|1987 General Election|
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The 1987 New Zealand general election was a nationwide vote to determine the shape of the 42nd sitting of the Parliament of New Zealand. The governing New Zealand Labour Party, led by Prime Minister David Lange, was re-elected for a second term, although the Opposition National Party made gains. The election also saw the elimination of the Social Credit Party from Parliament, leaving Labour and National as the only parties represented.
Before the election, the Labour Party (in government) held 56 seats, giving it an absolute majority in Parliament. The National Party (in opposition) held 37 seats. The Social Credit Party held two seats.
Of particular importance in the election were the economic reforms being undertaken by Roger Douglas, the Minister of Finance. These reforms, sometimes known as "Rogernomics", involved monetarist approaches to controlling inflation, corporatisation of government departments, and the removal of [supporters, who saw them as a betrayal of the party's left-wing principles. Many commentators believed that public anger over Rogernomics could cost the government the election.
Another matter of importance, and perhaps one which enabled Labour to survive public dissatisfaction, was the nuclear issue. In the previous parliamentary term, New Zealand had adopted legislation which prevented nuclear weapons or nuclear-powered ships entering New Zealand, a move which provoked an angry reaction from New Zealand's allies in the ANZUS treaty. The National Party intended to revoke the ban, but the New Zealand public were supportive of it. Labour's support for the ban is often considered to be an important factor in the party's re-election.
National was also bitterly divided, with some supporting the Rogernomics reforms, but MPs such as former Prime Minister Robert Muldoon bitterly opposed. Muldoon had undermined his successor as party leader, Jim McLay, who was replaced by his deputy Jim Bolger in 1986. Bolger was more centrist, but National still struggled to be seen as an alternative government.
The 1987 electoral redistribution took the continued population growth in the North Island into account, and two additional general electorates were created, bringing the total number of electorates to 97. In the South Island, the shift of population to Christchurch had continued. Overall, three electorates were newly created (Clevedon, Maramarua, and Titirangi), three electorates were recreated (Albany, Coromandel, and Hobson), and four electorates were abolished (Franklin, Hauraki, Rodney, and Waitakere). All of those electorates were in the North Island. Changes in the South Island were restricted to boundary changes.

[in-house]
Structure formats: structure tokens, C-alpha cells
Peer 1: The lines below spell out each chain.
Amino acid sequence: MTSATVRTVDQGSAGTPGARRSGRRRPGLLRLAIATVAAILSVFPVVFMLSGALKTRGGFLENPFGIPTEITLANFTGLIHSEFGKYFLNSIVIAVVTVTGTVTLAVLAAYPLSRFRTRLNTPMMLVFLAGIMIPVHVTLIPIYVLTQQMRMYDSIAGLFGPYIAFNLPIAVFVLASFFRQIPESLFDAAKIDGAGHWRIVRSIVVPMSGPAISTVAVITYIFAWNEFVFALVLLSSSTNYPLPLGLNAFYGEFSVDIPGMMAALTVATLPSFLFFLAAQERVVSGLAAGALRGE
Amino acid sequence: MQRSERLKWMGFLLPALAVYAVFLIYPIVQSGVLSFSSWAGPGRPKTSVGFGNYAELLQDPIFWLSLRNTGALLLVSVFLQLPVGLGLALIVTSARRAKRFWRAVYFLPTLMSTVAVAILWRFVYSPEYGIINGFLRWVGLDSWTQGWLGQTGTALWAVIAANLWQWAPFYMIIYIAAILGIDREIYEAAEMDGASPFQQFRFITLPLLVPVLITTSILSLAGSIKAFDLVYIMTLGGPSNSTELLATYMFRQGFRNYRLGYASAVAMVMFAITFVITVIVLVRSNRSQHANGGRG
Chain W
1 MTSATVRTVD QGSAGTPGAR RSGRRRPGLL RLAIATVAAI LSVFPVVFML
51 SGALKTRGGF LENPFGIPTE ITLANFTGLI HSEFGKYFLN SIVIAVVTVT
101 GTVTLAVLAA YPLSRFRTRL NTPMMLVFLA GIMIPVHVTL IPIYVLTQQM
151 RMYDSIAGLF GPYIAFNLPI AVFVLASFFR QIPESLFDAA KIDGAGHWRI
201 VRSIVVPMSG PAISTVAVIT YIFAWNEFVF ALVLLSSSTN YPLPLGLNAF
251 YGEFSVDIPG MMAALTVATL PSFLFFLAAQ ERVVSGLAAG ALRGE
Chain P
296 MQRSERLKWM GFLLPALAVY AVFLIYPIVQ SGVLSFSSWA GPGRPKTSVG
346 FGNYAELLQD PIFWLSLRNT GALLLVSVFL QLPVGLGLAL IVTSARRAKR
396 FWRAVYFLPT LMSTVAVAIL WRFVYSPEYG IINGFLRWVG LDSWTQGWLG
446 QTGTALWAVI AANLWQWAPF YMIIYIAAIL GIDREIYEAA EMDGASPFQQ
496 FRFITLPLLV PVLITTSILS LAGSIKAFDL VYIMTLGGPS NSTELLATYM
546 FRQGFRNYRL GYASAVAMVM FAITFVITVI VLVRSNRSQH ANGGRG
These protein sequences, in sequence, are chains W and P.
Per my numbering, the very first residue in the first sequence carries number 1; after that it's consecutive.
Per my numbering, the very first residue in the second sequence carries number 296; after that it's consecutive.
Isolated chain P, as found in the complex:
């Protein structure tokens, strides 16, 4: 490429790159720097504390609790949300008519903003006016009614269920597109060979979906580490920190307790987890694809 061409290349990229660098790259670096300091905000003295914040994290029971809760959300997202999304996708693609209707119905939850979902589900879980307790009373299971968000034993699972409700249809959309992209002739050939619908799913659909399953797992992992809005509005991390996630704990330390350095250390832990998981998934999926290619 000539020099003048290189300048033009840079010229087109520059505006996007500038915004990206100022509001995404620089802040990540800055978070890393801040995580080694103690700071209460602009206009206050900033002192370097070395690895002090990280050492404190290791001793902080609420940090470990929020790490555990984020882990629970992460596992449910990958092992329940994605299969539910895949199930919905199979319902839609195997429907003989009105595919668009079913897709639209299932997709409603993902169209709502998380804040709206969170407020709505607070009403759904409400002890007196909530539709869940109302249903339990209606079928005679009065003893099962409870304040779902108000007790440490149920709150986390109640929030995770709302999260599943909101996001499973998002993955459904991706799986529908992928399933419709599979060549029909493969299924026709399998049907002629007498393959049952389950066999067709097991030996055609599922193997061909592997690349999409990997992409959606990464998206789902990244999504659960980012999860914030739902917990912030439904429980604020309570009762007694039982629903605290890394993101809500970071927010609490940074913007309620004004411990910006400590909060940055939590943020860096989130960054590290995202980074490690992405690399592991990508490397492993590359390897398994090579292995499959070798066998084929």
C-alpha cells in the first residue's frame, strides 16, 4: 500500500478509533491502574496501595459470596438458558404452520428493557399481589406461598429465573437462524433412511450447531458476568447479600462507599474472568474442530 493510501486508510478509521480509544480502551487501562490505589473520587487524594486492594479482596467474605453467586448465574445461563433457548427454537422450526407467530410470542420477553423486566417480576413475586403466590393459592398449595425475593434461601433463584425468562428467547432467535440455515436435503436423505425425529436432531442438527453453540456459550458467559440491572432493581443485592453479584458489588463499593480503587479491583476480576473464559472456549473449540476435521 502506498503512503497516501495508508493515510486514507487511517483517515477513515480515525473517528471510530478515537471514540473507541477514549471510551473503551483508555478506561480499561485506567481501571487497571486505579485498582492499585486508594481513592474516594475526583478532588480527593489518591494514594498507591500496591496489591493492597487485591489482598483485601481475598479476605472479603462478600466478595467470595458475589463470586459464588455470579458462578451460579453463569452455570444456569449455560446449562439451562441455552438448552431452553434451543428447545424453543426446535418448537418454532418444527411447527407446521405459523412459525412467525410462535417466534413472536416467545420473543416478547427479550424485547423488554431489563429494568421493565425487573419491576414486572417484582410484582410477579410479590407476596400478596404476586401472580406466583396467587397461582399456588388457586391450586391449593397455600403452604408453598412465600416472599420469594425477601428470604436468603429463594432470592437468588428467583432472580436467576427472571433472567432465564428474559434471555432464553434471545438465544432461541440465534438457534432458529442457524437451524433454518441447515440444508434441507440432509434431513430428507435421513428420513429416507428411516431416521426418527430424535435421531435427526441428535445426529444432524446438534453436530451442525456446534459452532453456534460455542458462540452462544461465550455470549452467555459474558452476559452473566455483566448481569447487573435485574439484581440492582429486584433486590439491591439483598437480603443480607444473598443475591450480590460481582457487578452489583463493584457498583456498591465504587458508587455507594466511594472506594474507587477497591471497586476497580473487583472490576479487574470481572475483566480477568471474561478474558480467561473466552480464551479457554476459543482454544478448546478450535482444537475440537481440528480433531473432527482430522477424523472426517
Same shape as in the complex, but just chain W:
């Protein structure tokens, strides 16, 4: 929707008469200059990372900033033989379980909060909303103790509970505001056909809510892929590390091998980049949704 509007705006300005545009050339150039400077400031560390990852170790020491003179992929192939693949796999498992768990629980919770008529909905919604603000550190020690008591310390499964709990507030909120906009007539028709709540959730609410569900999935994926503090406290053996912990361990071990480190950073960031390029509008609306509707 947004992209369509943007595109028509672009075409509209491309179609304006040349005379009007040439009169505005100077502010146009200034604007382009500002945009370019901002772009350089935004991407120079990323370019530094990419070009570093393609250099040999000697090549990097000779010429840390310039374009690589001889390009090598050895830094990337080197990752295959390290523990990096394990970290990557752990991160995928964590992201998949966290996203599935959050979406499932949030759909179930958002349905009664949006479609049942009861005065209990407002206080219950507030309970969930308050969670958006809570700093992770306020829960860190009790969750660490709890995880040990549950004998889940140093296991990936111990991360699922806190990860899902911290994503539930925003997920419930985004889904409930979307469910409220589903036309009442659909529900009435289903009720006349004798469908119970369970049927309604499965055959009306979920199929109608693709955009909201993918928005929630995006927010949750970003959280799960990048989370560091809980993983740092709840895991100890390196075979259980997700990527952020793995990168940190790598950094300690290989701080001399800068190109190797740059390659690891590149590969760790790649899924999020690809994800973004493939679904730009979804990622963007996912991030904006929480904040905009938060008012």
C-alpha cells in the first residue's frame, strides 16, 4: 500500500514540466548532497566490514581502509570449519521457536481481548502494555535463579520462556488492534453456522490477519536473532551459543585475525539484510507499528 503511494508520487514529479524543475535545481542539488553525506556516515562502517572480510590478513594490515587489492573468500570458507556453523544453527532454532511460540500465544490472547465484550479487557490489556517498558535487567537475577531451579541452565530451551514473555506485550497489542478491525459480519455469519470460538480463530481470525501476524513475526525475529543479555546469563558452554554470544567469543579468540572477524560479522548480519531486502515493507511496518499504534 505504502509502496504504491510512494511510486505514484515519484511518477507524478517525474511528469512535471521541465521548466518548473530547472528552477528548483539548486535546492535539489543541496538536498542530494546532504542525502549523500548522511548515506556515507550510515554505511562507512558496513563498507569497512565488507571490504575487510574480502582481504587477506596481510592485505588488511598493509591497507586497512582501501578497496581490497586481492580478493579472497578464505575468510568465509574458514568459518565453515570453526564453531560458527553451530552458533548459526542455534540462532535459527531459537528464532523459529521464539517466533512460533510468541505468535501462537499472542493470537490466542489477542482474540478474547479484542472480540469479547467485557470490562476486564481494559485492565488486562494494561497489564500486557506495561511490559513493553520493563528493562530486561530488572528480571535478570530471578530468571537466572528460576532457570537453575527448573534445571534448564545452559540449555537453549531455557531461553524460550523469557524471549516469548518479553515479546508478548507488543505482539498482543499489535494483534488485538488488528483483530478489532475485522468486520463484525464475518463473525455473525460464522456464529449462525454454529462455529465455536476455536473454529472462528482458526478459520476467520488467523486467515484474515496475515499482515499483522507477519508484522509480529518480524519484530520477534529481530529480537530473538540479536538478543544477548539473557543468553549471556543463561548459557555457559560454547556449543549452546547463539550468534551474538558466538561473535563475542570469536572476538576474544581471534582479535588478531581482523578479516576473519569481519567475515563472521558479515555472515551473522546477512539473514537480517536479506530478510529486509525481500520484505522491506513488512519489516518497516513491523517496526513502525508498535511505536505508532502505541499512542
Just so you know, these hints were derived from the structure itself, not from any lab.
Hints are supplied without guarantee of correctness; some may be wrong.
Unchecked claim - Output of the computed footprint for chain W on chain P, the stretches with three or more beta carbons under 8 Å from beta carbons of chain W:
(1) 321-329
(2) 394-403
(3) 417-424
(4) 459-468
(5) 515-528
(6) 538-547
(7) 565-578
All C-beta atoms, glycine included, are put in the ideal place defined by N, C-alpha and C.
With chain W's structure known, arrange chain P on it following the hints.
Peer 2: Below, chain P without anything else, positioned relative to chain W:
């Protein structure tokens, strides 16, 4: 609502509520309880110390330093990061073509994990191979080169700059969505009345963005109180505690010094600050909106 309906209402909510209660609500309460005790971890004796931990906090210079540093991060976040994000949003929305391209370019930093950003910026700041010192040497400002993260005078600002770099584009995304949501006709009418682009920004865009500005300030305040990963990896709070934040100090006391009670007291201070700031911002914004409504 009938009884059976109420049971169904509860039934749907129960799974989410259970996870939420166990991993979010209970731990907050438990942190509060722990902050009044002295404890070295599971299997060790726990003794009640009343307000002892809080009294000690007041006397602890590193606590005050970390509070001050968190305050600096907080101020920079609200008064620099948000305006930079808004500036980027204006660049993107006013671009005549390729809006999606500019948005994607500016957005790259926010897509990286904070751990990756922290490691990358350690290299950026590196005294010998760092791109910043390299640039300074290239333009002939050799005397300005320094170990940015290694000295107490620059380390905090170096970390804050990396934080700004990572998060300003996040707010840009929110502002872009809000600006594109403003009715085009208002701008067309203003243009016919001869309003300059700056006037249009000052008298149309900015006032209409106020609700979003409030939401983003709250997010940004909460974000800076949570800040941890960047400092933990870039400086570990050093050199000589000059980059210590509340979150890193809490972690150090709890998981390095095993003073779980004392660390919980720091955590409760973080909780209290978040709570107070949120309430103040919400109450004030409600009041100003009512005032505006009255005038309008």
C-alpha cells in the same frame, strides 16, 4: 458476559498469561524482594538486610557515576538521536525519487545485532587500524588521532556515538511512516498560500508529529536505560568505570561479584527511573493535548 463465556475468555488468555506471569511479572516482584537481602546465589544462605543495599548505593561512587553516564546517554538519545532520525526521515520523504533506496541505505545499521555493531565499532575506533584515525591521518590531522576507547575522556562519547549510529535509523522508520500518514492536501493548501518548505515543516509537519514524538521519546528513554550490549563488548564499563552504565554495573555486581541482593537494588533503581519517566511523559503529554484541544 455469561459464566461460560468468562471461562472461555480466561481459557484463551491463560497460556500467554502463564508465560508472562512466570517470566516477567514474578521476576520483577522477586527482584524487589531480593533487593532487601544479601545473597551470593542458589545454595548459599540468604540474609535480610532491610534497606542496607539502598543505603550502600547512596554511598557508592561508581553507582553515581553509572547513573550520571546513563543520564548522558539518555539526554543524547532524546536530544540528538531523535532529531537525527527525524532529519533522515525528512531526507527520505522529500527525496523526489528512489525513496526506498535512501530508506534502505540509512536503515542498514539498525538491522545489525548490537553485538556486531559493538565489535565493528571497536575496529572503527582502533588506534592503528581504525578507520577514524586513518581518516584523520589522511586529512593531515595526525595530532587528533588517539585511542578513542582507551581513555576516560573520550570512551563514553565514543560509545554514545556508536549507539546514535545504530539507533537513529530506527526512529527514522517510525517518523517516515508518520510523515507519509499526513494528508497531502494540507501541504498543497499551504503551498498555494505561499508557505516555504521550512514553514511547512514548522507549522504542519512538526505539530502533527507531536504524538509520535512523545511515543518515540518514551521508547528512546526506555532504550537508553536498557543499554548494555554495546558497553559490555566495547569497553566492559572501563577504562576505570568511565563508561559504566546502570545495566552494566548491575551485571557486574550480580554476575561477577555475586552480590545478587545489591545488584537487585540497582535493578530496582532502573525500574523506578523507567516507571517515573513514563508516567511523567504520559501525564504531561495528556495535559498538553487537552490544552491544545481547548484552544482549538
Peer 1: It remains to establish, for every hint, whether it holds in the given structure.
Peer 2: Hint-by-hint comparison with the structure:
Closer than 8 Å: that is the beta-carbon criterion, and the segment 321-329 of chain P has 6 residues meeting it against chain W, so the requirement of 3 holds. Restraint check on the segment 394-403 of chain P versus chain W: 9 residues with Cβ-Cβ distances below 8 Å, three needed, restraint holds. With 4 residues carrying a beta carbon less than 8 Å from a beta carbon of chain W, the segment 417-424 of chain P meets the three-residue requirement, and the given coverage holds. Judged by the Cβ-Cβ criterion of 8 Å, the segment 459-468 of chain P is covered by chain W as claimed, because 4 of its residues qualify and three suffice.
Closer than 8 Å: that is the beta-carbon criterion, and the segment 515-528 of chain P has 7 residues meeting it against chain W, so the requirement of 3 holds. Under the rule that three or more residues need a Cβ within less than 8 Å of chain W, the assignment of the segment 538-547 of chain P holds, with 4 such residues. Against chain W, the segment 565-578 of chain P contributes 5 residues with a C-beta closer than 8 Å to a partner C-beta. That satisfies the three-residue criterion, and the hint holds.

The election was held on 15 August, and 2,114,656 people were registered to vote. Turnout was 89.1%, somewhat lower than the 1984 election.
Summary of resultsEdit
The election saw the Labour Party win 57 seats, enough for it to retain its outright majority. Labour held one more seat than after the previous election. The National Party won 40 seats, an increase of three. It was possible for both parties to increase their number of seats partly due to the disappearance of the Democrats and partly due to the increase in the total number of seats.
Although Labour emerged from the election with a 17-seat lead over National, the difference between each party's vote count was considerably smaller. Labour's share of the vote was 48.0% (up from 43.0% in 1984), while National's was 44.0% (up from 35.5%). While Labour did retain its lead, the gap between Labour and National closed by a larger extent than the seat count would indicate.
The Democrats, despite winning 5.7% of the total vote, did not win any electorates, including the two that they had held before the election. The Democrats have not regained parliamentary representation under their own name since losing it in these elections, although they did manage to enter parliament as part of the larger Alliance.
The New Zealand Party, which had gained 12.2% of the vote in the previous election, performed poorly, gaining less than 0.1% support.
The election night result for Wairarapa was for National by 65 votes. The final official count however gave the seat to the incumbent, Reg Boorman of the Labour Party, by a margin of seven votes, although a Judicial Recount reduced this to only one vote. But on 12 July 1988, following a petition to the Electoral Court, Wyatt Creech of the National Party was declared elected by a margin of 34 votes (9994 to 9960). The petition was supported initially by MPs Roger McClay and Winston Peters (who had been involved in challenges in Taupo and Hunua) but not by the party hierarchy, according to Creech’s account in a book by Ross Meurant).
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